The Brazilian Way
Brazil offers both challenges and opportunities for Norwegian companies looking to establish themselves in the world's largest subsea market.
The oil and gas industry in Brazil has entered a period of rapid growth – this provides great opportunities for foreign companies. Norwegian crane manufacturer Palfinger Dreggen AS has become a major player in South America in recent years, and is an example to follow for others who want to gain a foothold in the Brazilian offshore market.
In 2013, Palfinger Dreggen and the Brazilian crane manufacturer Koch Metalúrgica established a joint venture for the production of offshore cranes in Brazil. The joint venture was founded following an initial collaboration agreement – a so-called consortium. The partnership includes production, assembly, testing, and start-up of offshore cranes in Brazil.
Morten Jervell Pettersen, Marketing Manager in Palfinger Dreggen AS, tells us that the collaboration with Koch is founded on Palfinger Dreggen's offshore expertise and Koch's local connection and years of experience in the Brazilian crane market.
– An vital prerequisite in choosing our original form of collaboration was our wish to make minimal investments, gain quick market access and not least – local production capacity. Local production is necessary to meet Brazilian requirements for "local content" in our future deliveries, he says.
JV Palfinger Koch Montagens Industriais Ltdais now building new facilities in Rio Grande do Sul. – The collaboration with Koch is part of what helped us land a contract to deliver 28 offshore cranes to Brazil – a contract worth over USD 90 million, Pettersen tells us. – The contract was a breakthrough for us and has since contributed to the expansion of our office in Rio, which now has six full-time employees, in addition to a sizeable project organisation with Koch and at Dreggen's offices in Bergen.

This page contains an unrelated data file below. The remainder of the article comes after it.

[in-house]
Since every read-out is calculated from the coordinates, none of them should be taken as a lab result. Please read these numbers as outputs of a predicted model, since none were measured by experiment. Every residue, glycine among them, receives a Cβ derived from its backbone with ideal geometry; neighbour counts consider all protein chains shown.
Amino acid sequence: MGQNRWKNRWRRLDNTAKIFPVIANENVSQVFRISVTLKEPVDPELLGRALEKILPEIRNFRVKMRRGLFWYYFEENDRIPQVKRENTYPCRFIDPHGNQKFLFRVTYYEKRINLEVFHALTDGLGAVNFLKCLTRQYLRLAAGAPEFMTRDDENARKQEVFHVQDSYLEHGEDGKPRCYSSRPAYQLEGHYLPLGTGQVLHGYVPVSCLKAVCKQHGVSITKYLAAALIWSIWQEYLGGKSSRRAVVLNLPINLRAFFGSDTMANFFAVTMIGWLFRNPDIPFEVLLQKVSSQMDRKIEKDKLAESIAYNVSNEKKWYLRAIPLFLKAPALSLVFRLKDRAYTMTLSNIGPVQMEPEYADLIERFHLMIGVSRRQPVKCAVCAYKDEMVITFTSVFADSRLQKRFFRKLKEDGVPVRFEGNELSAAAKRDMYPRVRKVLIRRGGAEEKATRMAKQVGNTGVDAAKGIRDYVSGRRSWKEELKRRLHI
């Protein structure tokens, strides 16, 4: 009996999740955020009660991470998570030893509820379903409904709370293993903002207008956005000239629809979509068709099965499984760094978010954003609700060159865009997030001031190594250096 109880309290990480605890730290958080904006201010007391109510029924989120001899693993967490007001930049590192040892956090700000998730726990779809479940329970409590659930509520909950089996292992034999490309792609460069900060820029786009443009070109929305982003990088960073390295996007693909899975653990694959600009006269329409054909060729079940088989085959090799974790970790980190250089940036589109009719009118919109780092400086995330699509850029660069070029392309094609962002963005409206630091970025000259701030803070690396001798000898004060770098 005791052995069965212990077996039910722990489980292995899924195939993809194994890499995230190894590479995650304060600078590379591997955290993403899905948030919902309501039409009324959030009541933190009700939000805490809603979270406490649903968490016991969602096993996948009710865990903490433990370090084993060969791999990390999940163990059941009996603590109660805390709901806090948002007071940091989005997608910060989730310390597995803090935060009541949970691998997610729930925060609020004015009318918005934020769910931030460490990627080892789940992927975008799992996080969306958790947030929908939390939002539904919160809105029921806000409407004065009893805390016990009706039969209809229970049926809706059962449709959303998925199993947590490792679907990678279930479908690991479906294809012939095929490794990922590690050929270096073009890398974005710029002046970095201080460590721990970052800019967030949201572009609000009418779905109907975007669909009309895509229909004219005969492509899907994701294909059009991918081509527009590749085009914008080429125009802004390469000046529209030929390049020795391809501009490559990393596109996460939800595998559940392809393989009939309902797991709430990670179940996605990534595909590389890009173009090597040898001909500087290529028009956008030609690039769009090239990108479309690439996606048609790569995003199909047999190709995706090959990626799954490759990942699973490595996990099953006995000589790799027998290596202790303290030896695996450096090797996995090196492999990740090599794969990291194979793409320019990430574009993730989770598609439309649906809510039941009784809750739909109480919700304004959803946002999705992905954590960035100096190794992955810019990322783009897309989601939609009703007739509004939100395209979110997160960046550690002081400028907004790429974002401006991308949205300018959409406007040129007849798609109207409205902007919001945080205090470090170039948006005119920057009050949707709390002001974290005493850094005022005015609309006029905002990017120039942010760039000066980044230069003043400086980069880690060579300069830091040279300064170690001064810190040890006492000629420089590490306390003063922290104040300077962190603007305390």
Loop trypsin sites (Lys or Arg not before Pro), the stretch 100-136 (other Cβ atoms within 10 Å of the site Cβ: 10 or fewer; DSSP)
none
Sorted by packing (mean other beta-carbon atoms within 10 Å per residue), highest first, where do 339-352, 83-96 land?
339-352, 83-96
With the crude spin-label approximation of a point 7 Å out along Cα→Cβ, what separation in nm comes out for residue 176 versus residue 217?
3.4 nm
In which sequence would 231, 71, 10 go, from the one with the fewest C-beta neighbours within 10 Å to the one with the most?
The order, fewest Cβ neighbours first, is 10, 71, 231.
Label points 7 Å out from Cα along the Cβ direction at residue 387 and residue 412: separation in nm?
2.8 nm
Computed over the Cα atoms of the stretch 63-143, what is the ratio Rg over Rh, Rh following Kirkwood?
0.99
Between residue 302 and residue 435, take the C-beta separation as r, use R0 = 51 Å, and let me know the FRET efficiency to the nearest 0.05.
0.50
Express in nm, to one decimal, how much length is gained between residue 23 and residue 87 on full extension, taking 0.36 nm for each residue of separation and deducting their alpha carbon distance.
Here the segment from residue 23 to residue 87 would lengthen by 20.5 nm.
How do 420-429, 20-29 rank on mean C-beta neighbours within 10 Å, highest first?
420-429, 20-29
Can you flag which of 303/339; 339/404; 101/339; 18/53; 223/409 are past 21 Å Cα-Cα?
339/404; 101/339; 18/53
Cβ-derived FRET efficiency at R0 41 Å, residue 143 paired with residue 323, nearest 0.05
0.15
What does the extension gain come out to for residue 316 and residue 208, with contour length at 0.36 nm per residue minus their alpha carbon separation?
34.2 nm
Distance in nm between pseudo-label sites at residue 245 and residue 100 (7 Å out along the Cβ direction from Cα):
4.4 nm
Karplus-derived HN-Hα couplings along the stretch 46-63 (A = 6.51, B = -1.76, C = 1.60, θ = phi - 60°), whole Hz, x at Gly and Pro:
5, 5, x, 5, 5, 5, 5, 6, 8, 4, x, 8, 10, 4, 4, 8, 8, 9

Brazil can be a challenging country for foreign companies to establish themselves in. Its social and hierarchical structures differ from Norway and wages in the industry are generally high. The country's taxation systems are extensive, complex and require in-depth knowledge. So-called "tax engineering" is often used – a type of sophisticated tax planning to navigate public tax regulations.
Brazilian bureaucracy is often demanding and most formal occasions require special expertise, which can and should be purchased if one does not have personnel with this kind of expertise. Pettersen notices that more and more companies want to follow their example and establish a presence in Brazil.
– The cultural differences were a bigger challenge for us than expected, he says. – A thorough survey of the market, the competition and local requirements for deliveries and services is needed if you want to establish yourself in Brazil. I recommend factoring in excess both in terms of time and money in the establishment phase. And last but not least – use local expertise instead of relying on your own presumed insight and experience. Brazil is a different market!
According to Pettersen, NCE Subsea and the rest of the Norwegian support network has pushed for a strong Norwegian oil and gas cluster in Brazil. He believes NCE Subsea's years of experience in Brazil can help establish valuable direct contacts.
– NCE Subsea has played an important role at trade fairs, on business delegation trips and other events. The specific industry focus at their events can at best provide a shortcut to relevant networks for subsea-oriented companies. Seek advice and guidance from those who have paved the way and use networks for all they are worth. In that respect, cluster events and business delegation trips are recommended as valuable tools, he concludes.
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